When it was time to go to high school, I decided to go to the high school where no one went to so that I could start over. It went great for a while, until people started suspecting that I was gay because I didn’t have a girlfriend. I pretended to be madly in love with this one girl, but her and I both knew that it wasn’t real. Rumors started again.

Then, my parents decided to move (not because I was gay, but because they were tired of cold weather). I was cool with it because it was an opportunity for me to start over. I am glad that I did – I changed for the better. I became more social, I started becoming involved in more programming, and I learned how to love myself.

As far as coming out to my parents is concerned, I came out to my mom in my therapist’s office when I was in 8th grade. She was very affirming and she said, “as long as you are an upstanding citizen, I have no problem with what you are.” That made me feel great and it was a secret we kept from my dad for so many years.

I didn’t want to tell my dad until I lived on my own and I was able to support myself. I always thought that he would be the type to kick me out. When I told him, it was the year after I graduated from undergrad – hell, I told him on a Sunday after I was inspired by a church service, and I called off work on Monday and TOLD my supervisor why I was calling off. It was time. I’m glad I did it, but he wasn’t thrilled. Actually, he still isn’t very thrilled and he doesn’t get it – but he’s also old school. I don’t think he’ll ever get it.

With that, I would like to close by saying that I admire and love ALL types of people in the LGBT community, but I love those who go beyond their gender expectation and express themselves in an “atypical” way. You all are SO BRAVE. My heart extends to you and I will do whatever I can to support all types of people: from the “flaming,” to the drag queens and kings, to the studs, to the trans-everything and anything – the bravery you all have is immeasurable. Continue to be strong – it’s people like you all that allow me to walk in my truth.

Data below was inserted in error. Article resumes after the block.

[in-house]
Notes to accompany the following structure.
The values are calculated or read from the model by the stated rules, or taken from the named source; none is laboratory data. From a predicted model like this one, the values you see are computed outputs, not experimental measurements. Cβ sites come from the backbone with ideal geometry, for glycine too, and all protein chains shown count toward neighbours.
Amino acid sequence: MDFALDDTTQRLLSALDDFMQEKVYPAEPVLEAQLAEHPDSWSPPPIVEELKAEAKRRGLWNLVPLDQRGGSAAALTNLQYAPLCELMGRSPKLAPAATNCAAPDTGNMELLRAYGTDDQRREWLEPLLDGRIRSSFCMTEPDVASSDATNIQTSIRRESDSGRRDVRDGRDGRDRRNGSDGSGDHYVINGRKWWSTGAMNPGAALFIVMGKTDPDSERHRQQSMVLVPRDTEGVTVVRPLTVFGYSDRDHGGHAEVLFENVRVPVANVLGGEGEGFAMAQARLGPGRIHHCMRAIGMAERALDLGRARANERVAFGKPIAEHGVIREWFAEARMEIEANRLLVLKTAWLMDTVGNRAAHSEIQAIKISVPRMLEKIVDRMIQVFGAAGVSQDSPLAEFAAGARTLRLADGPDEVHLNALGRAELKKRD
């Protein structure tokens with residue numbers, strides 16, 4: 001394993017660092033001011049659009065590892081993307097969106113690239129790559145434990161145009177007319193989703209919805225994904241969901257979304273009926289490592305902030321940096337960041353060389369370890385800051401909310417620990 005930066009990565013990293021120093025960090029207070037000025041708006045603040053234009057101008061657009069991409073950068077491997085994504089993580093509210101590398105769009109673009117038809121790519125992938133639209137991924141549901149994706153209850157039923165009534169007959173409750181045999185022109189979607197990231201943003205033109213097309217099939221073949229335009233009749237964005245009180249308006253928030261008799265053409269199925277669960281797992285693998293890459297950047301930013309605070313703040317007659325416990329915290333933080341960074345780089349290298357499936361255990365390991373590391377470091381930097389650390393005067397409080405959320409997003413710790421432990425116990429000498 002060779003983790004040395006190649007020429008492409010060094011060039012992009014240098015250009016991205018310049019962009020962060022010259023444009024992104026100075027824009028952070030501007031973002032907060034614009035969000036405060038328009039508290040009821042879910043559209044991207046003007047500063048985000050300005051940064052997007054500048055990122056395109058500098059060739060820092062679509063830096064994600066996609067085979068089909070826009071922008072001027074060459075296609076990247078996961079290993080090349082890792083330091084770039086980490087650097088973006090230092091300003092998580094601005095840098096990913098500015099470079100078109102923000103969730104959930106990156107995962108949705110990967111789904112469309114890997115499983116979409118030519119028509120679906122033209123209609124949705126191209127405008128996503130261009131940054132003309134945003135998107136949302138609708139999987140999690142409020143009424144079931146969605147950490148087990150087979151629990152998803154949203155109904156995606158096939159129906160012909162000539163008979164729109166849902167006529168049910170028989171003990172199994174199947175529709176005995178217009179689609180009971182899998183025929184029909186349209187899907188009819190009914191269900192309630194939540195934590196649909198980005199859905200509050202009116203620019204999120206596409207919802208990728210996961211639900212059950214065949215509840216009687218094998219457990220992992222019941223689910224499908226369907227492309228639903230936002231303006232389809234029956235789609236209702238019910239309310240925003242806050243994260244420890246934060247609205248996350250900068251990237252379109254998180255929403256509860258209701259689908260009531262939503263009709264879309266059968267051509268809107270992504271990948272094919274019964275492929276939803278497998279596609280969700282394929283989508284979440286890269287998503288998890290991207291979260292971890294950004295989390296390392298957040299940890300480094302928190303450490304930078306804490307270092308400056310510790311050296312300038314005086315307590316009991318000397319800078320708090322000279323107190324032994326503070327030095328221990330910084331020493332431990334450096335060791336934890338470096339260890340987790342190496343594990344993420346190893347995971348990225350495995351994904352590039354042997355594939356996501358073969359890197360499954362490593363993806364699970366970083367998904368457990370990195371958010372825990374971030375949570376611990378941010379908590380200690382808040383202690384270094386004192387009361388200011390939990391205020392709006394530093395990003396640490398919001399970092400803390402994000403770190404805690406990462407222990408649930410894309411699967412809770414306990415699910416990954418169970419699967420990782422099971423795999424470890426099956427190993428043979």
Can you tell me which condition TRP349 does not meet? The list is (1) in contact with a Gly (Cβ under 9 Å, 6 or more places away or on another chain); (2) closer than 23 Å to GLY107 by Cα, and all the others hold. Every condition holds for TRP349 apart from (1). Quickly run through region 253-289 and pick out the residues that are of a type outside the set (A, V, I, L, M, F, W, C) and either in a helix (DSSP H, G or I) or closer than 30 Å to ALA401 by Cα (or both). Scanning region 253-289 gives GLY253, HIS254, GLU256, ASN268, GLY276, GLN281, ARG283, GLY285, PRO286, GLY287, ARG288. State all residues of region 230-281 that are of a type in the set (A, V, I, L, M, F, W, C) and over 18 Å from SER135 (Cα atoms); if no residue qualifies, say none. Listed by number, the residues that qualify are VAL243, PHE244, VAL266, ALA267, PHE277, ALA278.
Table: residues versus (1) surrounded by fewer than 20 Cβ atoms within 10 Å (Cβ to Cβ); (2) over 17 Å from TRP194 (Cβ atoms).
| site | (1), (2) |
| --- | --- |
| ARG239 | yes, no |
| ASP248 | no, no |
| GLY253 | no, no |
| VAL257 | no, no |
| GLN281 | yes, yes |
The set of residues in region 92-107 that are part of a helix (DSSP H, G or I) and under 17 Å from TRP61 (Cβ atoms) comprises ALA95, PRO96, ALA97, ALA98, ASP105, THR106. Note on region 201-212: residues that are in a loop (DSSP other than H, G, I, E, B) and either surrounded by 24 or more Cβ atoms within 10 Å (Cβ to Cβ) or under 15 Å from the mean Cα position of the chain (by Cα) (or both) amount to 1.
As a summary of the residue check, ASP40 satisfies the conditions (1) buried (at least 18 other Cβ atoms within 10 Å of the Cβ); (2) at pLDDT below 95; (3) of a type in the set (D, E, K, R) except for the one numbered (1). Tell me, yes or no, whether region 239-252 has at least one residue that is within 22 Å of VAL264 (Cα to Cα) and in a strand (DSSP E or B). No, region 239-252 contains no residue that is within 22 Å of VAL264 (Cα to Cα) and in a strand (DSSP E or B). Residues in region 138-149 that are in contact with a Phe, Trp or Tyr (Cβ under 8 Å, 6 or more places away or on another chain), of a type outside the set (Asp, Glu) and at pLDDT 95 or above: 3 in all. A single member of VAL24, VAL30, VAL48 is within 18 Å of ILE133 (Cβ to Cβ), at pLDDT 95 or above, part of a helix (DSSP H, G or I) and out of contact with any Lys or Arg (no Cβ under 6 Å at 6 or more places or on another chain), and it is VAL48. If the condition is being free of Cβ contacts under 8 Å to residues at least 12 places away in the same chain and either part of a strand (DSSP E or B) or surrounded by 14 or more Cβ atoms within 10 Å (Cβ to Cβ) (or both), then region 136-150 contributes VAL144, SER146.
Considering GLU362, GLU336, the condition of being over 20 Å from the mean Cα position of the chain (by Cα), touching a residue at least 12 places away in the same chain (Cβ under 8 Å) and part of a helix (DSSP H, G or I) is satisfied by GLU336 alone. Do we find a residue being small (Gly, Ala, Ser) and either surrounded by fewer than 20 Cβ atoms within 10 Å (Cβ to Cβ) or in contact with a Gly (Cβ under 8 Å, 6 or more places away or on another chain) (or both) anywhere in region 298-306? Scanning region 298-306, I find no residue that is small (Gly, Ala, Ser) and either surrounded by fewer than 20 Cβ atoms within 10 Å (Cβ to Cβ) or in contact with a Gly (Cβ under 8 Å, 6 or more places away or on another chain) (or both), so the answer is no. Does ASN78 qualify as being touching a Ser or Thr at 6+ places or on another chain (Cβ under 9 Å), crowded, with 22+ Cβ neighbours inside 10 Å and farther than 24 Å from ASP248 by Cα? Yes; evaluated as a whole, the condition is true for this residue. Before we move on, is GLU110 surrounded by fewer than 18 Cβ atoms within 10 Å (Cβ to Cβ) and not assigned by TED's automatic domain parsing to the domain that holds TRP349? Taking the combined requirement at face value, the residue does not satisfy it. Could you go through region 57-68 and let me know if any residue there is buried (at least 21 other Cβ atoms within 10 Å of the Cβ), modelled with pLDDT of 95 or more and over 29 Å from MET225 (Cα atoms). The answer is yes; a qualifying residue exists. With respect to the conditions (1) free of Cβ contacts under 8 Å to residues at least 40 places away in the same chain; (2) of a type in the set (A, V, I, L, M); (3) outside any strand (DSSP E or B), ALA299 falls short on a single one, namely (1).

The “Taboo” in Communities of Color

“You’re a man, not a punk. You handle your shit on your own.”

Yes – this is the first posting and, yes – I am about to get real deep on y’all. Hold on to your favorite wigs, clutch those shiny pearls, and place your best tea cup on top of your most sturdy tea saucer because the cup is about to spilleth. Get ready, get ready…

Let’s talk about mental health, particularly revolving around communities of color. As a man of color, there are a plethora of issues as to why it is so taboo to claim being “depressed” or “possibly having ADD,” but there seems to be one overbearing factor that seems to echo, at least in my mind, over and over again: “You’re a man, not a punk. You handle your shit on your own – others don’t need to get involved in your shit and see your weakness.” And this message, ladies and gentlemen, is the reason why men of color can sometimes be seen as irrational or seemingly “crazy.” Let me go ahead and establish this credibility “right quick.”